By Bill Heaney

There is only one way to attract people back to using buses as the best means of providing public transport.
And that’s to make it FREE to use.
MSPs appear to be afraid to do that and spend endless time waffling about it in the Scottish Parliament.

Tory Graham Simpson (Central Scotland) (Con), left,  asked the SNP-Green government how it plans to revive the bus industry following a slump in passenger numbers during the Covid-19 pandemic.

It is clear there are no easy answers that don’t come with a prohibitive price ticket.

The Minister for Transport , Jenny Gilruth, told him: “We are investing in the bus network to support long-term growth by providing more than £2.1 billion for bus travel over the rest of this parliamentary session.

“We have extended free bus travel to children and young people under 22, and around half of Scotland’s population is now eligible to travel anywhere in Scotland by bus free of charge.

“More people are travelling by bus since the pandemic, and I hope to see passenger numbers increase further. The sector currently faces a range of challenges, and, later today, I will convene the first meeting of the industry task force to explore those issues and work together to find solutions.”

Graham Simpsonm however, was not content with the Minister’s answer. He told her: “I asked the minister last week about the network support grant plus, which is due to end on 9 October. The minister has just three days left to save the bus industry. If she does not extend that grant, more than 200 jobs could go, 50 routes across Scotland could be cancelled entirely and, in some areas, there could be a cut in services of more than a third.

“The Confederation of Passenger Transport Scotland estimates that it will cost £44.8 million to extend the grant for six months, and its modelling shows a potential underspend of £79 million for the concessionary travel scheme and of £84.5 million for the under-22s scheme.

“The bus industry is teetering on the edge and, as I have just demonstrated, the Scottish Government has the money, so when will it act?”

Jenny Gilruth told him: “I am looking urgently at a range of options to provide further support to the bus industry. However, I must remind Mr Simpson of the level of support that we provide to the industry in Scotland, which is significantly greater than the support in other parts of the United Kingdom.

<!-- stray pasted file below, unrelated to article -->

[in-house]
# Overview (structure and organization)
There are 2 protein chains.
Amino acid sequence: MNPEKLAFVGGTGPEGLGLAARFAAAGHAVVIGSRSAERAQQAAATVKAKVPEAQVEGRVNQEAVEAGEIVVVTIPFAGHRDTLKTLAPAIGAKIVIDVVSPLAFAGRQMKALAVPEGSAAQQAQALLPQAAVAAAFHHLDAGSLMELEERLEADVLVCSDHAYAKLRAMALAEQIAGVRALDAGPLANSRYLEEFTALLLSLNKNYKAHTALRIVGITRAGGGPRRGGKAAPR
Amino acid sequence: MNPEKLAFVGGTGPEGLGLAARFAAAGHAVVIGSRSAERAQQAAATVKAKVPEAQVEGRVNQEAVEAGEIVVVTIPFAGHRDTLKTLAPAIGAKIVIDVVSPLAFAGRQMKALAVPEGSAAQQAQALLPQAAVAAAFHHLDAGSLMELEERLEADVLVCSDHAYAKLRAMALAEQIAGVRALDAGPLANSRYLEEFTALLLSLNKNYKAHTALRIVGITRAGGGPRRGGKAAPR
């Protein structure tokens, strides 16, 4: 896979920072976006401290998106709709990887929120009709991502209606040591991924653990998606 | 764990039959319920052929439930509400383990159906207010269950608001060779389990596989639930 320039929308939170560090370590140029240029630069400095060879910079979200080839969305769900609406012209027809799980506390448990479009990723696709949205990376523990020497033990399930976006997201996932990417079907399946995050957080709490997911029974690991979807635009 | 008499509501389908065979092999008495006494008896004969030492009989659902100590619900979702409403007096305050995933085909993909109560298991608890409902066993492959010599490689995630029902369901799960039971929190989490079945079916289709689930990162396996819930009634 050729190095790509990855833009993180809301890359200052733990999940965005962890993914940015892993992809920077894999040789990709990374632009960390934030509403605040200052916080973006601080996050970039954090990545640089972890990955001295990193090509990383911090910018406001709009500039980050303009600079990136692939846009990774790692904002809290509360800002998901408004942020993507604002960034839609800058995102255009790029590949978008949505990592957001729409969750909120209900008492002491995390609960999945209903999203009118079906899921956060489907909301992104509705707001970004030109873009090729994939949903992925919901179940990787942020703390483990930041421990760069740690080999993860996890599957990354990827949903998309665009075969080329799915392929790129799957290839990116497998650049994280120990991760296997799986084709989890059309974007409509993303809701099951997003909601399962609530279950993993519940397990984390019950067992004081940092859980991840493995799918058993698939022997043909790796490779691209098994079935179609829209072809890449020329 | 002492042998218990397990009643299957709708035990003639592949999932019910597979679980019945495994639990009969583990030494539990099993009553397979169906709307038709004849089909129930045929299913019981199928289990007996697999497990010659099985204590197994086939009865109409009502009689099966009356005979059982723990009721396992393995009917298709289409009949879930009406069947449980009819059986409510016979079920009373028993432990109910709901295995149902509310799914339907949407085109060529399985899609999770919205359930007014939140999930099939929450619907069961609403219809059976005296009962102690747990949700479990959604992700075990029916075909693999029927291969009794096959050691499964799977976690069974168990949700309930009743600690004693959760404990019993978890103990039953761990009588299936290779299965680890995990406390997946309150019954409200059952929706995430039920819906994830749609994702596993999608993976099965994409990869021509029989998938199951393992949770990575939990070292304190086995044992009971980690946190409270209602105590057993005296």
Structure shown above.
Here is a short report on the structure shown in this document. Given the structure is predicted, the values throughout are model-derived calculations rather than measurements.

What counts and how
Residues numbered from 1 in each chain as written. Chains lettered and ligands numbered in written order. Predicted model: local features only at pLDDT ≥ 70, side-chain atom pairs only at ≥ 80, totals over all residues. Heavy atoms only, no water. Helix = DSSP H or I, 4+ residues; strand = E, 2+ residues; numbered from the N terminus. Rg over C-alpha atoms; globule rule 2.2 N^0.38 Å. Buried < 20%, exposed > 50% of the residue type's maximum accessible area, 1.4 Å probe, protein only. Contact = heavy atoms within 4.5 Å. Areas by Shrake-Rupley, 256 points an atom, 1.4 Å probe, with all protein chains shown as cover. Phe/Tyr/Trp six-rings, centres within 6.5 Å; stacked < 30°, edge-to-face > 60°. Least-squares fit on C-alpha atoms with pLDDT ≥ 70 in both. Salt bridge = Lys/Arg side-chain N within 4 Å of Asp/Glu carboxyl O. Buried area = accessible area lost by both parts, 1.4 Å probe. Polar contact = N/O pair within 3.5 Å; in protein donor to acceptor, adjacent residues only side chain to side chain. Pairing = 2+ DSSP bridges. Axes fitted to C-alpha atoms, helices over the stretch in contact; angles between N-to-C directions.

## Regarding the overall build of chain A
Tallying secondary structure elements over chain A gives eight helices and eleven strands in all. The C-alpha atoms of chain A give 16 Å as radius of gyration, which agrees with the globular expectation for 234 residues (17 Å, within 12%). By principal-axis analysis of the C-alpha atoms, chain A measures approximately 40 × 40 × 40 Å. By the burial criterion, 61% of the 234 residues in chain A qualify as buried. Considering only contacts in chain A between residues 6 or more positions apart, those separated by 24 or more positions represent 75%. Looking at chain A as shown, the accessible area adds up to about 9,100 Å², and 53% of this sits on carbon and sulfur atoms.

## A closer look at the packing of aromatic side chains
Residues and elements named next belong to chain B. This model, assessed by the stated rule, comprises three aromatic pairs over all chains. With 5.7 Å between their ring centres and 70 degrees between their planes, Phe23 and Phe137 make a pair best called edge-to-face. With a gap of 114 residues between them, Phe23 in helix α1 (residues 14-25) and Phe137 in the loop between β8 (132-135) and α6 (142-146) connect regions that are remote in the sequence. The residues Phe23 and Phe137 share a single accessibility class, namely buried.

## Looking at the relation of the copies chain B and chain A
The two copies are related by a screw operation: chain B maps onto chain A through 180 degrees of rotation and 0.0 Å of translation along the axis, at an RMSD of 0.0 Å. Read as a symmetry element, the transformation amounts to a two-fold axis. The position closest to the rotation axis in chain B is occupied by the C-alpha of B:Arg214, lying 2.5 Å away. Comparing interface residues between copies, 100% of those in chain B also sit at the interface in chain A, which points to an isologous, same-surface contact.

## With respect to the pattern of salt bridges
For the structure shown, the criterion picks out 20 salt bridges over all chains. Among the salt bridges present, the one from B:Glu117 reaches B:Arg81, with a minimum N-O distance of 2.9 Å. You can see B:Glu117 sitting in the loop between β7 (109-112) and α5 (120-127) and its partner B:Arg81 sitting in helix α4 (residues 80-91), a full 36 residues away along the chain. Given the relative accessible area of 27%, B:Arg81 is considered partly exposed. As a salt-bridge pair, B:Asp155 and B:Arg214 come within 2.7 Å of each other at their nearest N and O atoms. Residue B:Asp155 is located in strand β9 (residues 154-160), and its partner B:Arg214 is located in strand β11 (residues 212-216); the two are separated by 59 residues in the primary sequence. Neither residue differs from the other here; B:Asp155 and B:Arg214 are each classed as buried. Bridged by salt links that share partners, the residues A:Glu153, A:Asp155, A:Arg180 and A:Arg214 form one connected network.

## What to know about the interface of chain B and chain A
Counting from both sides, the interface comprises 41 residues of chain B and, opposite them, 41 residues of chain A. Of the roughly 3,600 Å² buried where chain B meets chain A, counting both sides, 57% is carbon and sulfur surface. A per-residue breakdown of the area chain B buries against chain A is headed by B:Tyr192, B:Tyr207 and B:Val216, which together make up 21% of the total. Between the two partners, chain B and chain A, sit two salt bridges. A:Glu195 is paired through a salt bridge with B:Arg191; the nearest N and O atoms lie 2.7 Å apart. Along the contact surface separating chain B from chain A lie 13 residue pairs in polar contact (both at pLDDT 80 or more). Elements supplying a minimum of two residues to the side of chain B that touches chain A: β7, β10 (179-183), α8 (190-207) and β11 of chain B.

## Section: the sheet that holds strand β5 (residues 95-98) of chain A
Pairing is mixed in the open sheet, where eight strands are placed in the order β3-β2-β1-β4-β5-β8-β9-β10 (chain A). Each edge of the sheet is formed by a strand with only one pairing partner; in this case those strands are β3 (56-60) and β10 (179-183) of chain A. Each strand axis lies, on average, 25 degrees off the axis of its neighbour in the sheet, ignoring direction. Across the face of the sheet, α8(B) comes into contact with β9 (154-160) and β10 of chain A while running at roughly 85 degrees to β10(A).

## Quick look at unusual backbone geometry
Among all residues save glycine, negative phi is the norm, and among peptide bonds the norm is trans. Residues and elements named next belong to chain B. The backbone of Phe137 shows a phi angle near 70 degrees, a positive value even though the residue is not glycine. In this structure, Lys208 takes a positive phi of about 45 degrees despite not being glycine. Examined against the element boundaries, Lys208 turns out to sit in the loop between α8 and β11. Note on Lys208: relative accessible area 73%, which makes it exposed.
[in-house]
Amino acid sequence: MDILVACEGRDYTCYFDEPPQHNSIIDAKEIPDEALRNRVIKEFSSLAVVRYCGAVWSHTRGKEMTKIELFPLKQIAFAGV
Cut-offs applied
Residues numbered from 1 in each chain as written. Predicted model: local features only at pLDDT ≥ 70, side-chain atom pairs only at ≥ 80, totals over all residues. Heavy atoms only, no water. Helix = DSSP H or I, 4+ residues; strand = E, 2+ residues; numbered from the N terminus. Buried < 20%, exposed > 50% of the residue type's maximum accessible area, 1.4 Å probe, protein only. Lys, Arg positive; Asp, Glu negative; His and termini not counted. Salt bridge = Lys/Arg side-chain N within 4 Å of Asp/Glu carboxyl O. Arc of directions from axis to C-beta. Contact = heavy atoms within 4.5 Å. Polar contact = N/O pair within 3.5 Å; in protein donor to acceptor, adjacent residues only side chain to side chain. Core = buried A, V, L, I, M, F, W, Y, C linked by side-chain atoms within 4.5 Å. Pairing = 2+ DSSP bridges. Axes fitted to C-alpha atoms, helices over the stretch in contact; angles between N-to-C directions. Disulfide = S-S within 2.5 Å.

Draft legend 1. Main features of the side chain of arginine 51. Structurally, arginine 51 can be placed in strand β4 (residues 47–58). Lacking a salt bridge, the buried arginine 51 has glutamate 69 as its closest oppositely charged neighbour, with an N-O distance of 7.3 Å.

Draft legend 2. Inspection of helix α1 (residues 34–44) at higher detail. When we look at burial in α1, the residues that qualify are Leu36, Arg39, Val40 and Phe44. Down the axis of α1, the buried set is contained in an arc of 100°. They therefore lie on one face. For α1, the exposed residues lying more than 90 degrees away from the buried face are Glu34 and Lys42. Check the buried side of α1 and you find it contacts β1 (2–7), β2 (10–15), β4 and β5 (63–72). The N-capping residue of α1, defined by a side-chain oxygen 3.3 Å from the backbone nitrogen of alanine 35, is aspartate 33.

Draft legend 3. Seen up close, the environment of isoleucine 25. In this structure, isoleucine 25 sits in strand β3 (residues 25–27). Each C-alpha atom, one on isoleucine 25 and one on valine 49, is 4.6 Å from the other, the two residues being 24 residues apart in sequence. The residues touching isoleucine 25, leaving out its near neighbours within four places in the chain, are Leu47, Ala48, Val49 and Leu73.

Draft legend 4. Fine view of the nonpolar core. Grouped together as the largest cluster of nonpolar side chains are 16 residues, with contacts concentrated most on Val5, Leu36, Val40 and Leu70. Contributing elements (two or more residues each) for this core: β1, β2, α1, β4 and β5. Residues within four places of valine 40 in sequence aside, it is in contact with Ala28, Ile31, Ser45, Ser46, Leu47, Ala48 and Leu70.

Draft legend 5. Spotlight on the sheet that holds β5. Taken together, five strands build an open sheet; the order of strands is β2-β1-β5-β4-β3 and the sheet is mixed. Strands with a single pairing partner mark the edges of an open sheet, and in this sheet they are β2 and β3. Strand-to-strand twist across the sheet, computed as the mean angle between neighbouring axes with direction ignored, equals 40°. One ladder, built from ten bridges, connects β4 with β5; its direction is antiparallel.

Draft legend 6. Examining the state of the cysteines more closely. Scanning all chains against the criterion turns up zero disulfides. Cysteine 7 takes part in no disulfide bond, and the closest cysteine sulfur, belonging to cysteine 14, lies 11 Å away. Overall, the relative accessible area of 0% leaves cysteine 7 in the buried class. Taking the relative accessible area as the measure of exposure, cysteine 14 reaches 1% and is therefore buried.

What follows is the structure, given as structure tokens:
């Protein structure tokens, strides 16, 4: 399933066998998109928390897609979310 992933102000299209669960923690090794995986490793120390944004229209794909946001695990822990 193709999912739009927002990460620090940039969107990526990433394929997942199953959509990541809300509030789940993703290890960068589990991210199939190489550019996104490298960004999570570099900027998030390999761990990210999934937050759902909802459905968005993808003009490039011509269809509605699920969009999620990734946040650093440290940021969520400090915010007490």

“For example, we budgeted £93.5 million from April this year to support the bus network as we recover from the pandemic. Up to £20.5 million of net additional funding is already being provided to extend recovery funding to October, which is in addition to around £210 million that was provided during the pandemic. We have also provided additionality, with the £25 million of funding in relation to bus priority measures, which delivers funding to 28 local authorities in Scotland.”

Like most MSPs, Ms Gilruth, above right,  does not appear to realise that the electorate have no idea what these astronomical figures actually mean.

She told MSPs that Mr Simpson did not identify some of the labour shortage issues that the sector is currently facing in relation to Brexit, nor did he identify any of the fuel cost charges that are really hampering some operators, whom she would be meeting later in the day.

Labour MSP Neil Bibby (West Scotland) (Lab) suggested: “To get more people on to public transport, we need to make it more affordable. Does the Scottish Government support fare capping and price regulation in the bus market, and will it make fare caps a condition of any future support for the bus industry?”

Surprisingly, Jenny Gilruth told him: “That is a fair question. There is the network support grant, and we are also capping fare rises in line with the latest monthly consumer price index figure, although we know that we need to do more. I recognise some of the challenges, which is why we are conducting a fair fares review to look at the affordability of public transport across the piece.

In many areas across the country, fares are already below £2. In Edinburgh, people can travel anywhere in the city for a flat fare of £1.80. I cannot give a direct answer to Mr Bibby’s question today, because we are looking at a range of options in relation to any additionality that the Scottish Government might be able to provide. However, I am more than happy to write to Mr Bibby with more detail on his specific point about fair capping.”

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